Erythropoiesis in HIV-infected and uninfected Malawian children with severe anemia

Calis, Job CJa,b; Phiri, Kamija Sb; Vet, Raymond JWMc; de Haan, Rob Jd; Munthali, Francisb; Kraaijenhagen, Robert Je; Hulshof, Paul JMf; Molyneux, Malcolm Eb,g; Brabin, Bernard Ja,g; Boele van Hensbroek, Michaëla,b,g; Bates, Imeldag

doi: 10.1097/QAD.0b013e32833fed27
Research Letters

Anemia is common in HIV infection, but the pathophysiology is poorly understood. Bone marrow analysis in 329 severely anemic (hemoglobin <5 g/dl) Malawian children with (n = 40) and without (n = 289) HIV infection showed that HIV-infected children had fewer CD34+ hematopoietic progenitors (median 10 vs. 15‰, P = 0.04) and erythroid progenitors (2.2 vs. 3.4‰, P = 0.05), but there were no differences in erythrocyte viability and maturation in later stages of erythropoiesis. Despite an HIV-associated reduction in early red cell precursors, subsequent erythropoiesis appears to proceed similarly in HIV-infected and HIV-uninfected children with severe anemia.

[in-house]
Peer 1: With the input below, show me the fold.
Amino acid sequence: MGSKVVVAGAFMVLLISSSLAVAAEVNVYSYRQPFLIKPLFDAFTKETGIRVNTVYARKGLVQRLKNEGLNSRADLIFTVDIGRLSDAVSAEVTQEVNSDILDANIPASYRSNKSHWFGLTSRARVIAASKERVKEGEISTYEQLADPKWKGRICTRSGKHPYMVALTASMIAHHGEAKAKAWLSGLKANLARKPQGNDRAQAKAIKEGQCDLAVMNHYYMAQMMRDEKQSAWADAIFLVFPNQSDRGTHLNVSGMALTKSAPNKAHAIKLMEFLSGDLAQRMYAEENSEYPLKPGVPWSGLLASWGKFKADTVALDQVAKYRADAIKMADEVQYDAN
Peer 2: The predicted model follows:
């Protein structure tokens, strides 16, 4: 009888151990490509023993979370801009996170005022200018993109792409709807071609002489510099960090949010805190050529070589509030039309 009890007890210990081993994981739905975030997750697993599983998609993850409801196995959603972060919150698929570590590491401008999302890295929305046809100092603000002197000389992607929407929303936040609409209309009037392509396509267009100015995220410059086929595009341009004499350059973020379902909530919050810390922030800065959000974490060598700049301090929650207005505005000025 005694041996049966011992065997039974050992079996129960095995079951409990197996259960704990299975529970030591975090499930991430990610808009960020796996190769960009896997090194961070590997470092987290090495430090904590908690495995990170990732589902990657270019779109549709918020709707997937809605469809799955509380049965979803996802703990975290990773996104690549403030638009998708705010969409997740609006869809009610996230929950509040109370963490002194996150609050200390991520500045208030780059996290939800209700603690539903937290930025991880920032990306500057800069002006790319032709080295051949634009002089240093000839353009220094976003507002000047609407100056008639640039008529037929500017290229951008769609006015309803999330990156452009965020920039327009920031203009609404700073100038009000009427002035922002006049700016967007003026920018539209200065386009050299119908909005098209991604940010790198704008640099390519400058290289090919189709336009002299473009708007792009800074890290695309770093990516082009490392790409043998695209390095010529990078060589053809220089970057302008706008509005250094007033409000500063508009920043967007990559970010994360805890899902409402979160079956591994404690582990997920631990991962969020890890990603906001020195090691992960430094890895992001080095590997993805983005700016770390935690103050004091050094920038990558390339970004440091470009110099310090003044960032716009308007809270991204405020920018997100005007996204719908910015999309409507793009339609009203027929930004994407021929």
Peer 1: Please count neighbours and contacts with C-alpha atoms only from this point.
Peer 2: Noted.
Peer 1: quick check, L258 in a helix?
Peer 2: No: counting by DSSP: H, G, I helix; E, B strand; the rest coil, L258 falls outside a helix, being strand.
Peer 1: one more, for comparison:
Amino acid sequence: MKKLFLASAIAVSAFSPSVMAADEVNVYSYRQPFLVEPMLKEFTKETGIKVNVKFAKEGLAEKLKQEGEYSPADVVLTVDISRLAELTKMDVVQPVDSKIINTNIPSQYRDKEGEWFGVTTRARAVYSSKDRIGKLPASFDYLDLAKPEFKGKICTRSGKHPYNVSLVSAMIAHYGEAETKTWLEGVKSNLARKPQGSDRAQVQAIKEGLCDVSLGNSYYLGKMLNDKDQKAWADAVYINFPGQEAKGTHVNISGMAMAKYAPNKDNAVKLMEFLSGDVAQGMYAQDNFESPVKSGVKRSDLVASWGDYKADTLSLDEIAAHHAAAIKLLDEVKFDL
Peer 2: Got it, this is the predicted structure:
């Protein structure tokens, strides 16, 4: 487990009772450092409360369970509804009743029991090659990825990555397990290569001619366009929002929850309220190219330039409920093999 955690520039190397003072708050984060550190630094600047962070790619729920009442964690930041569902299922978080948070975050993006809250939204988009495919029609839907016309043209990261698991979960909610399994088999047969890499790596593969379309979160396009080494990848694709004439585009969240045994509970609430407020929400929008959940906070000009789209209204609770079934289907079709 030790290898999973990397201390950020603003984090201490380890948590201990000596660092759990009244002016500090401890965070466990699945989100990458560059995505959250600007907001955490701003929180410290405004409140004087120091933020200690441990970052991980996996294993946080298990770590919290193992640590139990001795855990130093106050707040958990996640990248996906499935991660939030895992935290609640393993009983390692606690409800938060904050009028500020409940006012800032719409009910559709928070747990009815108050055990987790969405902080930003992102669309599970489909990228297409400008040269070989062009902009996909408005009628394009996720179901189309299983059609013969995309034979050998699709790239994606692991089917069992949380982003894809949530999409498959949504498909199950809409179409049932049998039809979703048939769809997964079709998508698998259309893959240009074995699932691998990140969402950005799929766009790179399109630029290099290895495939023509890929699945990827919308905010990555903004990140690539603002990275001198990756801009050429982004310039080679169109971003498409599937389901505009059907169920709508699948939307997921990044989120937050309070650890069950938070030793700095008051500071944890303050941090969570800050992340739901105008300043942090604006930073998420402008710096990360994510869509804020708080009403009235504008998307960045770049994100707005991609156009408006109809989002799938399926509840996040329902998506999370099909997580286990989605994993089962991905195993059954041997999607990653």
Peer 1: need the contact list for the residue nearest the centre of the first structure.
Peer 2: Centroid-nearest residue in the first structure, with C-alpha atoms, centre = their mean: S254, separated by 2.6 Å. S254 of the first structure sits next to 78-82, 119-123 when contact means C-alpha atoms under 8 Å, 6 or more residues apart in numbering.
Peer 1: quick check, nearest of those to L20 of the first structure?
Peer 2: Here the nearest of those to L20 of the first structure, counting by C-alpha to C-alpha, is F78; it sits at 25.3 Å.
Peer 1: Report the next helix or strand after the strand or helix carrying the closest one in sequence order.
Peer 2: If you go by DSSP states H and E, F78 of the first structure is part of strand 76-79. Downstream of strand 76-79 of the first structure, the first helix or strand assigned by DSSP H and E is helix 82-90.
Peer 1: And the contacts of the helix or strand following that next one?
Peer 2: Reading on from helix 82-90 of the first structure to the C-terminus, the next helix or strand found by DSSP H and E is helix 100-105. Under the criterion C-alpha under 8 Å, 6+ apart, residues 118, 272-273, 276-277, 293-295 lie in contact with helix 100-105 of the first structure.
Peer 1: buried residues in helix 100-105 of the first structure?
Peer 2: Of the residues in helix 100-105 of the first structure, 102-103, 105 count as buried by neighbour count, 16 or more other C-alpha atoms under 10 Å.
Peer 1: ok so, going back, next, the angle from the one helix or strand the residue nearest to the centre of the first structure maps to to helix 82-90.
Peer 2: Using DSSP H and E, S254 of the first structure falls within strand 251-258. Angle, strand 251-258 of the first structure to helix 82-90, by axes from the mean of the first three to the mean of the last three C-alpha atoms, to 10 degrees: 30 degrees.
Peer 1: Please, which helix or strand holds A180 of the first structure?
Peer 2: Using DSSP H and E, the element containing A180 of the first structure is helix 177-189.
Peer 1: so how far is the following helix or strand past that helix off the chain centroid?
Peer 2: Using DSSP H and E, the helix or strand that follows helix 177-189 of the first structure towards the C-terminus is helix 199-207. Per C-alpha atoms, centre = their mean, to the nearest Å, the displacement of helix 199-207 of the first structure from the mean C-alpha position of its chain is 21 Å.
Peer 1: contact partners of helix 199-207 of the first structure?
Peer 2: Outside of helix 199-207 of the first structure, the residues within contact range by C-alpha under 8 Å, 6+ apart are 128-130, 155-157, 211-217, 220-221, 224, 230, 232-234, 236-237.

Author Information

aGlobal Child Health Group, Emma Children's Hospital, Academic Medical Center, Amsterdam, The Netherlands

bMalawi–Liverpool Wellcome Trust Clinical Research Programme, College of Medicine, University of Malawi, Blantyre, Malawi

cDepartment of Specialized Hematology, The Netherlands

dDepartment of Clinical Epidemiology and Biostatistics, Academic Medical Center, Amsterdam, The Netherlands

eDepartment of Clinical Chemistry, Meander Medical Center, Amersfoort, The Netherlands

fDivision of Human Nutrition, Wageningen University, Wageningen, The Netherlands

gLiverpool School of Tropical Medicine, Liverpool, UK.

Received 27 November, 2009

Revised 17 August, 2010

Accepted 26 August, 2010

Correspondence to Job C.J. Calis, MD, PhD, Emma Children's Hospital, Academic Medical Center, Meibergdreef 9, 1105 AZ Amsterdam, The Netherlands. Tel: +31 20 5667150; fax: +31 20 6917735; e-mail:

Article Outline

Anemia is the most common hematological complication in HIV-infected adults [1,2] and is positively associated with disease progression [3–5]. In adults, anemia results primarily from reduced erythropoiesis [6–9]. Information about anemia mechanisms in HIV-infected children is scarce [10–13] and there have been no pediatric studies from sub-Saharan Africa.

We have previously reported that HIV infection was more common among severely anemic Malawian children than in a carefully selected control population (13 vs. 6%, P < 0.001) [14]. The aim of the present study was to determine whether HIV infection was associated with reduced erythroid precursor cells, or increased rates of apoptosis and dyserythropoiesis, and to investigate the role of cytokines, erythropoietin and plasma vitamin A in reducing apoptosis.